Parental Conditional Regard in the Academic Domain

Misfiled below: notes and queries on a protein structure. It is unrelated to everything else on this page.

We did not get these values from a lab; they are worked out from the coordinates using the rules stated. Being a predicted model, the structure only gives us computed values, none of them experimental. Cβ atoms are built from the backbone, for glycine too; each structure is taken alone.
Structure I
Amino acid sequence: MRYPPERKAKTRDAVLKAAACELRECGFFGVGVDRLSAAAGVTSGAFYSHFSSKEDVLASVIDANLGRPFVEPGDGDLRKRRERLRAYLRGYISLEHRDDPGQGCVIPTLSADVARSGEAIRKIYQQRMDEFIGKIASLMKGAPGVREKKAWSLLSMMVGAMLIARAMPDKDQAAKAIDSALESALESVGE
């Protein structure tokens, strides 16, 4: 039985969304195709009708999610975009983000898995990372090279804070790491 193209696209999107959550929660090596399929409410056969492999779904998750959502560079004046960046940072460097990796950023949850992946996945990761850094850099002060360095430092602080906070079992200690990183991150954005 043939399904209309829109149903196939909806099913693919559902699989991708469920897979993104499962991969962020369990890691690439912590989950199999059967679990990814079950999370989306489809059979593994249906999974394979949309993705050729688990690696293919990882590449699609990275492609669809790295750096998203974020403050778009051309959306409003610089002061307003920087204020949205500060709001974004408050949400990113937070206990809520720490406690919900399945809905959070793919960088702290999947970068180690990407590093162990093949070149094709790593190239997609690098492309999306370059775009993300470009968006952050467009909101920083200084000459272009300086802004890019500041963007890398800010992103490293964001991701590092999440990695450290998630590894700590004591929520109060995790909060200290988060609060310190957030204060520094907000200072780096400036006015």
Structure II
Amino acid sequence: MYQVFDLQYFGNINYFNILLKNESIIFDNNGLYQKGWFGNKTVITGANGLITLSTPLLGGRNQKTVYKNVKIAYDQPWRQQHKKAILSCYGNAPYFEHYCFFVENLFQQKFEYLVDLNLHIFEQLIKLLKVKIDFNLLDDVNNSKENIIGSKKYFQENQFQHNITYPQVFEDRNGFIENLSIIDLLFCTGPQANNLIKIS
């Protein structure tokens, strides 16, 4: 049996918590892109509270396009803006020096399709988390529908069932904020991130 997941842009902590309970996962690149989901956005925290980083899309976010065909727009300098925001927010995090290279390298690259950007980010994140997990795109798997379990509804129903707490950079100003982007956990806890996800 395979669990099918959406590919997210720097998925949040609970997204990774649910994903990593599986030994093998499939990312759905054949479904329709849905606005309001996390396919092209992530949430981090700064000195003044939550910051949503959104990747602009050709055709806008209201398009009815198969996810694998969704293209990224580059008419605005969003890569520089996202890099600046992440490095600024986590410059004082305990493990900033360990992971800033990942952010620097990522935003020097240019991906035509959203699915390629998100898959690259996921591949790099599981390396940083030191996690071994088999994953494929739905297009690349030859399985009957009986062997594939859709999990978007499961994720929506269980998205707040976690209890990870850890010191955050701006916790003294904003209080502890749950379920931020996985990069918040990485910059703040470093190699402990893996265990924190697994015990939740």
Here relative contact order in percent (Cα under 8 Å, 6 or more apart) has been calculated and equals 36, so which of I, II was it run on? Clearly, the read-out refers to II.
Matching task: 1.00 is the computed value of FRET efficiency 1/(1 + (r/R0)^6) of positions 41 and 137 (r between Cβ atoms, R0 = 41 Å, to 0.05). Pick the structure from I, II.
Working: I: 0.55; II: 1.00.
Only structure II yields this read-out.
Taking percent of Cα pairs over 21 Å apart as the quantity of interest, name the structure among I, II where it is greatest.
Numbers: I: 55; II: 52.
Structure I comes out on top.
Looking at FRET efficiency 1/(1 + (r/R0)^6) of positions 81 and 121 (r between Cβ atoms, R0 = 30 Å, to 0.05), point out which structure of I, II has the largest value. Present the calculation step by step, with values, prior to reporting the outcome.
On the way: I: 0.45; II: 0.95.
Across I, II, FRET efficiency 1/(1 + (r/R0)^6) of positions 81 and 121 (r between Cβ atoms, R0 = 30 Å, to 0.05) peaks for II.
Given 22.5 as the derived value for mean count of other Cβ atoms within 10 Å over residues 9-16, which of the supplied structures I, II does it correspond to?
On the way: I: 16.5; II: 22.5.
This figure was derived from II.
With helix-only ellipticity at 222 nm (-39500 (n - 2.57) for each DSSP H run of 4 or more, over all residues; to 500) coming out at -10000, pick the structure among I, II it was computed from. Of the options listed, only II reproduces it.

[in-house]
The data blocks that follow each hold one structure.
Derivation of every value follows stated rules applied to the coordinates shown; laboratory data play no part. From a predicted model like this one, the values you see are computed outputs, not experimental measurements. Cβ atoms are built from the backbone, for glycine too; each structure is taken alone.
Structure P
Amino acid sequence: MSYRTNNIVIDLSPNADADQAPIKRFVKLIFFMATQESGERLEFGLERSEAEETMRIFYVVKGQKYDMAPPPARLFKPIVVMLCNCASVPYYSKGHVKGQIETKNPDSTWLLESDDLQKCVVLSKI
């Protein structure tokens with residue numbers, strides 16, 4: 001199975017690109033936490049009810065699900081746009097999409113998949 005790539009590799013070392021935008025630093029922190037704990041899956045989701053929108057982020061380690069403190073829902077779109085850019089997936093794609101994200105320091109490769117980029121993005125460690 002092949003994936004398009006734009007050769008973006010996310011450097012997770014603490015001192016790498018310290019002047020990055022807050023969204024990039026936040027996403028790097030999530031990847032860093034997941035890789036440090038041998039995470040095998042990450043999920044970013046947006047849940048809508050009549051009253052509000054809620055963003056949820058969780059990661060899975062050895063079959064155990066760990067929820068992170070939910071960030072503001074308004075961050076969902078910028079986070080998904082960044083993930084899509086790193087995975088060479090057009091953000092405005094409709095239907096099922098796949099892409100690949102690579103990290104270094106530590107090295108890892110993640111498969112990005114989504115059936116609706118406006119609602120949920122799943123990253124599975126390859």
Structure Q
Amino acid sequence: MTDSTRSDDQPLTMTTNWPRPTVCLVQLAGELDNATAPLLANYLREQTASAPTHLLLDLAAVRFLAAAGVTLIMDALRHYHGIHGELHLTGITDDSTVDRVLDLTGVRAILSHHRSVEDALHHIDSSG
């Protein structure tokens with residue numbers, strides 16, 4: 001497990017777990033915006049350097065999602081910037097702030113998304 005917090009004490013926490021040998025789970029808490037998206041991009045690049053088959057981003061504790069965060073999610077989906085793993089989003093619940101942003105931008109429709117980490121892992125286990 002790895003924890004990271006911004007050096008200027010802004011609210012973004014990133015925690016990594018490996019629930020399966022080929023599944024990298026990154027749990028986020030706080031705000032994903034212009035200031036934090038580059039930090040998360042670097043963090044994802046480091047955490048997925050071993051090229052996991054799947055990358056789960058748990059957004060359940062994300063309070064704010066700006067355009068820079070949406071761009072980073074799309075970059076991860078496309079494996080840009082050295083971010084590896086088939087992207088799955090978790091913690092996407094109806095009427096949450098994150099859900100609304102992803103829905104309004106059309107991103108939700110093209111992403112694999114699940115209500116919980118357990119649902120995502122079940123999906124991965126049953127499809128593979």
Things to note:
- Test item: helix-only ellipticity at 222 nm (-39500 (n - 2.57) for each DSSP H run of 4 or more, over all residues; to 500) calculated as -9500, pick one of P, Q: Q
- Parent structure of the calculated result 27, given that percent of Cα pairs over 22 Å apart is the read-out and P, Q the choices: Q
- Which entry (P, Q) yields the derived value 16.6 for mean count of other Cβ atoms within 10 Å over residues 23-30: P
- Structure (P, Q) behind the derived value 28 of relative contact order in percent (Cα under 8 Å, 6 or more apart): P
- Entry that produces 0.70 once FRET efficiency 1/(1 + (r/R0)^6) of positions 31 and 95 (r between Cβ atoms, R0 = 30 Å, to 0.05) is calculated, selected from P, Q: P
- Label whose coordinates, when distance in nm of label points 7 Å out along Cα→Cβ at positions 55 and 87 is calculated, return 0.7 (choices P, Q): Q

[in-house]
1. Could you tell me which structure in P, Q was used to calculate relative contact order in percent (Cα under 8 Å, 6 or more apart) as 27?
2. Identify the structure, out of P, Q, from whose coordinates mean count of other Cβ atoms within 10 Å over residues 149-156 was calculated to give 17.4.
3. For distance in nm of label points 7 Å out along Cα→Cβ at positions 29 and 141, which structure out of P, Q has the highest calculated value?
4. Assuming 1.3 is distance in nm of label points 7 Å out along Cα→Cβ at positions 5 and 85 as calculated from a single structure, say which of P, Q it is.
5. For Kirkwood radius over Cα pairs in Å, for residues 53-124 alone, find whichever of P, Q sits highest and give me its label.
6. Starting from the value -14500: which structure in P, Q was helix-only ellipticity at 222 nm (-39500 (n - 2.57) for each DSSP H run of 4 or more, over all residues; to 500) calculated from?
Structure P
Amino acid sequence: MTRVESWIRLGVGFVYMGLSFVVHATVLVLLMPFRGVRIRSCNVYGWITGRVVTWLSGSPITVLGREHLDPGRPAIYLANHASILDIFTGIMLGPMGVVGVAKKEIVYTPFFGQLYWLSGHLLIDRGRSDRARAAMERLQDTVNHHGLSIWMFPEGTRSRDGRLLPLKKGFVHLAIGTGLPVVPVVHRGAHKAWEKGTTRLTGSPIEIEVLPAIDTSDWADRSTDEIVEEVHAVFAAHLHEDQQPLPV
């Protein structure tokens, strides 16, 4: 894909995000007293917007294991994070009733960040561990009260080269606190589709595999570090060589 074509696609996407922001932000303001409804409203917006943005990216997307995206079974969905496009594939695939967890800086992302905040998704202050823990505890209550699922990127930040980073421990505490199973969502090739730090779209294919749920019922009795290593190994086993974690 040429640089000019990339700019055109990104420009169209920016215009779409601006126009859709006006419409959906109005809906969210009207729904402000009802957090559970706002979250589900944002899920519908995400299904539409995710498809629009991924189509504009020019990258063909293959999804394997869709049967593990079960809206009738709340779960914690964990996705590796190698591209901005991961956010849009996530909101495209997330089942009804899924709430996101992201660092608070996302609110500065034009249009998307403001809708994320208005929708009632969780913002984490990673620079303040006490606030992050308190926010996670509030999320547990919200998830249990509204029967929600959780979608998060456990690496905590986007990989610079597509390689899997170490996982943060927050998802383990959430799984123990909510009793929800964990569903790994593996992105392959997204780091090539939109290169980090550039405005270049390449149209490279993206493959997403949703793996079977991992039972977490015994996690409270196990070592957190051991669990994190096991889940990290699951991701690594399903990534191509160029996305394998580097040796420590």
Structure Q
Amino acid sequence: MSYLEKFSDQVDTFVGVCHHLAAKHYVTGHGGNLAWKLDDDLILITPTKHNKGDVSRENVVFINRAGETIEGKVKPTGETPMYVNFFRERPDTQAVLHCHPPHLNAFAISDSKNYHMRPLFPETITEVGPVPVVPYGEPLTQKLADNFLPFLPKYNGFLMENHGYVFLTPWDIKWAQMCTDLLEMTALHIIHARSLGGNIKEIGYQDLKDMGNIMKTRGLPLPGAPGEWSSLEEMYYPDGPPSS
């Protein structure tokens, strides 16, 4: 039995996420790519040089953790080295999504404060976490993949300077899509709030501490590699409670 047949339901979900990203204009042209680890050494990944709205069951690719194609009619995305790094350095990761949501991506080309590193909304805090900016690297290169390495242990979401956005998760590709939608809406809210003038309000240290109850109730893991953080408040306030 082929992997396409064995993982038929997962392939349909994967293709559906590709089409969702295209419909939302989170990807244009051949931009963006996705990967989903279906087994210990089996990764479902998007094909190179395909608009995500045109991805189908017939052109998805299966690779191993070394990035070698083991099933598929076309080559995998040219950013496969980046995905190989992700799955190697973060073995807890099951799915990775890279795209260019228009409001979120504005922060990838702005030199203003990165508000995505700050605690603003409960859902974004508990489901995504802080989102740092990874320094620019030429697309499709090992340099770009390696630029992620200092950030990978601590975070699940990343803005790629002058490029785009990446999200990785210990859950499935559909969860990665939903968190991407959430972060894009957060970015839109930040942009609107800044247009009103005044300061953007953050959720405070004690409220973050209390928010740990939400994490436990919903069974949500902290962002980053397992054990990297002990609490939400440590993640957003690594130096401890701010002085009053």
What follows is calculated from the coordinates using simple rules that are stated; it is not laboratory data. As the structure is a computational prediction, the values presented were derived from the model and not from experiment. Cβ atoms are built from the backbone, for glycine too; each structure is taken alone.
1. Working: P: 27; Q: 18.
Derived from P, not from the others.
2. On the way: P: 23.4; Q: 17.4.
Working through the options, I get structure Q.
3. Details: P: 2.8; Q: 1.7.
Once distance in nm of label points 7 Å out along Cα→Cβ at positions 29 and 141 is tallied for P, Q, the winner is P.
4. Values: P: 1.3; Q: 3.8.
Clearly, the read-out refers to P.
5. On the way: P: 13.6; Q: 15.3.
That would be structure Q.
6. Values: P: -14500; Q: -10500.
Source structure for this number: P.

Children face a variety of minor and major failures during their school years. How they deal with setbacks is influenced by their parents’ reaction in such situations. For example, parents may display a sincere interest in the child’s perspective, accept negative emotions in the child, and offer choices on how to deal with schoolwork. These reactions support children’s basic psychological needs, which benefits their learning behavior (see autonomy support; Joussemet et al., 2008). In contrast, when parents adapt a more controlling type of parenting, their reactions frustrate their children’s basic psychological needs and impair learning. One specific form of control is PACNR, in which parents’ affection, esteem, and regard decrease when children do not meet parental expectations (Assor et al., 2004; Roth et al., 2009). From a behaviorist perspective, negative feedback in the form of decreased affection may be effective in decreasing the likelihood of further failure. However, self-determination theory (SDT) emphasizes that this person-focused disappointment frustrates children’s needs (Assor et al., 2020; Deci & Ryan, 2000). A withdrawal of parental appreciation frustrates children’s need for relatedness, the need to belong and be cared for. Furthermore, PACNR entraps children in a dilemma where they can either live up to parental expectations to avoid a decrease in parental regard, or remain true to their own values and interests (Assor et al., 2004; Assor et al., 2020). This dilemma creates tension between children’s need for relatedness and the need for autonomy, that is, the need to feel free in one’s actions (Assor et al., 2020; Deci & Ryan, 2000). The dissatisfaction parents may feel with children’s results or learning behavior is distinct from PACNR because these reactions can be accompanied by empathetic caring and support for the child to deal with the failure situation. In contrast, conditional negative regard communicates the deficiency of the child as a person, fostering low and contingent self-esteem in children (Curran, 2018; Otterpohl et al., 2021; Wouters et al., 2018). The detrimental effects of PACNR are evident in various other domains, including motivational and emotional adjustment in school, parent-child relationships, and general well-being (Otterpohl et al., 2019; Perrone et al., 2016; Roth et al., 2009; Roth et al., 2009). These findings are important, as approximately one out of seven children experiences PACNR (Steffgen et al., 2022).